London [UK], August 18 (ANI): In a multimillion investment, the UK government on Wednesday announced to investPound 210 million in funding to partner with Asian and African nations to tackle antimicrobial resistance (AMR), the British High Commision said in a statement.
The investment will aim to build State of the art laboratories, cutting-edge disease surveillance systems, and a bigger global workforce to tackle deadly antimicrobial resistance (AMR), said a statement by the government.
The funding - from the government's UK aid budget will support the Fleming Fund's activities to tackle AMR in countries across Asia and Africa over the next 3 years, helping to reduce the threat it poses to the UK and globally.
According to the release, it will bolster the surveillance capacity in up to 25 countries where the threat and burden of AMR is highest - including Indonesia, Ghana, Kenya and Papua New Guinea. More than 250 laboratories are set to be upgraded and provided with state-of-the-art equipment. This investment includes new genome sequencing technology which will help track bacterial transmission between humans, animals and the environment.
The investment will also strengthen the international health workforce by supporting 20,000 training sessions for laboratory staff, pharmacists and hospital staff, and over 200 Fleming Fund scholarships to boost expertise in microbiology, AMR policy and One Health - which recognises the connection between humans, animals and the environment.
UK Secretary of State for Health and Social Care Steve Barclay who is in India to attend the G20 Health ministers meeting commented that antimicrobial resistance is a silent killer which poses a significant threat to people's health around the world and in the UK.
"It's vital it is stopped in its tracks and this record funding will allow countries most at risk to tackle it and prevent it from taking more lives across the world, ultimately making us safer at home," Barclay said. He added,"It also builds on work the government is doing to incentivise drug companies to develop new antibiotics - a model which some G20 countries are looking to implement."The government statement revealed that around 1.27 million people around the world die each year due to AMR - where bacteria have evolved so much that antibiotics and other current treatments are no longer effective against infections - with 1 in 5 of those deaths in children under 5. In 2019, AMR was found to have caused between 7,000 and 35,000 deaths in the UK alone.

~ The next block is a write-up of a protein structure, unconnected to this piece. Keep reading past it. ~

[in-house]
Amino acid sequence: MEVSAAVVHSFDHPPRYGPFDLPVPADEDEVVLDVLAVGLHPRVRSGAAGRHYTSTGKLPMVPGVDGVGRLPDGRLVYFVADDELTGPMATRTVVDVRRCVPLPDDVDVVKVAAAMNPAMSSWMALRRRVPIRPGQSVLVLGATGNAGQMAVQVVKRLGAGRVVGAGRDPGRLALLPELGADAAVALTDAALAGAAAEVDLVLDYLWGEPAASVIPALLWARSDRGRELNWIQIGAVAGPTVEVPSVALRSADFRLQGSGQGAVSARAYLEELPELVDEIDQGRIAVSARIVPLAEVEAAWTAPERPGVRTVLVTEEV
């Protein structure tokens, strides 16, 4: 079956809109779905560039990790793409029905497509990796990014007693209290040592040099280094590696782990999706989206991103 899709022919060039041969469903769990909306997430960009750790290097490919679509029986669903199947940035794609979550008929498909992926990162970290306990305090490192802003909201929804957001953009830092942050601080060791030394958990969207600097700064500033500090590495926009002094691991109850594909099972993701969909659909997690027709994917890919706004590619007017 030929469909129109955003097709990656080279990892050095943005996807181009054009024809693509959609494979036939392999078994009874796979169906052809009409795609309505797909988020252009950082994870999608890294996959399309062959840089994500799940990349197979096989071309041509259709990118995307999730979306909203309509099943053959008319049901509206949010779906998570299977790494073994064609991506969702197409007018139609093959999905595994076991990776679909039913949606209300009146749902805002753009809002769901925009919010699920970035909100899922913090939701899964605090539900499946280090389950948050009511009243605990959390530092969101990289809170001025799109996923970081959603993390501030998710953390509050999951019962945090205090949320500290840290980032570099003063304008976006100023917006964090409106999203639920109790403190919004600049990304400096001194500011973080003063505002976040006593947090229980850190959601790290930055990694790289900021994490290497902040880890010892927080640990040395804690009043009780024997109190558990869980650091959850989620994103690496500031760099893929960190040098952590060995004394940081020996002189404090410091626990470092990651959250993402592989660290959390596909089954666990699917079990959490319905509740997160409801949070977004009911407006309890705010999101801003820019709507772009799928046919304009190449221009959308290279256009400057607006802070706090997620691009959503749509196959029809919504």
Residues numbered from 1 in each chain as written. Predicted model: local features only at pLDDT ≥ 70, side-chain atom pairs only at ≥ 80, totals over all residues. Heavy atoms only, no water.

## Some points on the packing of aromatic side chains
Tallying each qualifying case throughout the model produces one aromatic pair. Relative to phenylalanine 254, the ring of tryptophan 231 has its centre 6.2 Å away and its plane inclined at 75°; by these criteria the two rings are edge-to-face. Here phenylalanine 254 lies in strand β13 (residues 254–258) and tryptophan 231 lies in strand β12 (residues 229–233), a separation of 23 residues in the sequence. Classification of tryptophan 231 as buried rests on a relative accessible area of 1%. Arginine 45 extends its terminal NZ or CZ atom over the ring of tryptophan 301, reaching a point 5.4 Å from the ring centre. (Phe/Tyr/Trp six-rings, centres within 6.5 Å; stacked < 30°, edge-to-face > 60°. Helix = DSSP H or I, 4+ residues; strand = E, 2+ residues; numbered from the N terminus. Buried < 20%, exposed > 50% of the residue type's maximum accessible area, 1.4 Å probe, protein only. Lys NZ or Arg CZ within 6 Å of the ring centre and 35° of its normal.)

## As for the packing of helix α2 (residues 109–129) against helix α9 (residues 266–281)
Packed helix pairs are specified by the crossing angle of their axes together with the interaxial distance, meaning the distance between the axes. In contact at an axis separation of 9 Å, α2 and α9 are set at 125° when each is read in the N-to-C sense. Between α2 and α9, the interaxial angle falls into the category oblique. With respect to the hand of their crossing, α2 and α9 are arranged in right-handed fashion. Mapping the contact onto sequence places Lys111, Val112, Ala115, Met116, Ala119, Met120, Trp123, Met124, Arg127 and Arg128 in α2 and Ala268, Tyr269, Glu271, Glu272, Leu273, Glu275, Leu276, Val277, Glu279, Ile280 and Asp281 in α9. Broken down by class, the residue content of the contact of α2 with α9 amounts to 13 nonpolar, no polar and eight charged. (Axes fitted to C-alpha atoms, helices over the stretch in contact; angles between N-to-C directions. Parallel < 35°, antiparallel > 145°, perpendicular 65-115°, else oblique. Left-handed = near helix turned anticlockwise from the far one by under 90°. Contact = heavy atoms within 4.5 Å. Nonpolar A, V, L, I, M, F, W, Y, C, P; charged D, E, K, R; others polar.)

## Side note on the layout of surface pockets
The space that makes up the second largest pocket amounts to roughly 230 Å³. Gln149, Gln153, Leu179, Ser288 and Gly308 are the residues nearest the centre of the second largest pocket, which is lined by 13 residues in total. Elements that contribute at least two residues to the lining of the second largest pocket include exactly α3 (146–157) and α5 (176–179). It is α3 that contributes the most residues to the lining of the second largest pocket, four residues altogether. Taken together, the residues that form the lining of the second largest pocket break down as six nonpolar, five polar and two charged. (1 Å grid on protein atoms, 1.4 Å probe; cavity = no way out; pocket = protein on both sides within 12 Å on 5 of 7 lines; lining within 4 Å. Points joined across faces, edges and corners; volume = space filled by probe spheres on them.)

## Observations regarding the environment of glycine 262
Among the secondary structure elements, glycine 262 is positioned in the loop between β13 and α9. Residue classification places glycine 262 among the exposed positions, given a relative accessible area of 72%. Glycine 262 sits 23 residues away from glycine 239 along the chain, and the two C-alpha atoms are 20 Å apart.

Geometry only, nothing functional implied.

Apart from this, UK Special Envoy on AMR Dame Sally Davies applauded the government's move and claimed that the investment would create a real impact to tackle AMR.
"I am proud and delighted that the UK's Fleming Fund will continue to create real impact to tackle AMR and build pandemic preparedness on the ground across the world, using data to drive action and catalyse investment," Davies said.
She added,"This world-leading investment in AMR laboratories, workforce and systems is a vital contribution to realise our vision of a world free of drug-resistant infection."The investment will deliver the second phase of the UK-India Fleming Fund partnership alongside India's Ministry of Health and Family Welfare. Worth up toPound 3 million, it will accelerate collaboration on AMR surveillance across One Health sectors and help both countries to deliver on their 2030 roadmap.
As part of his visit to India, the Secretary of State will go to India's National Centre for Disease Control, where India's government and the Fleming Fund are joining forces to combat antimicrobial resistance.
He will also attend a showcase of innovative health technology with representatives from UK and Indian artificial intelligence and digital health firms in a bid to unleash further the tech partnership which is already transforming healthcare in both countries.
The G20 Health Ministers' meeting takes place in Gandhinagar, India from August 18-19, 2023. (ANI)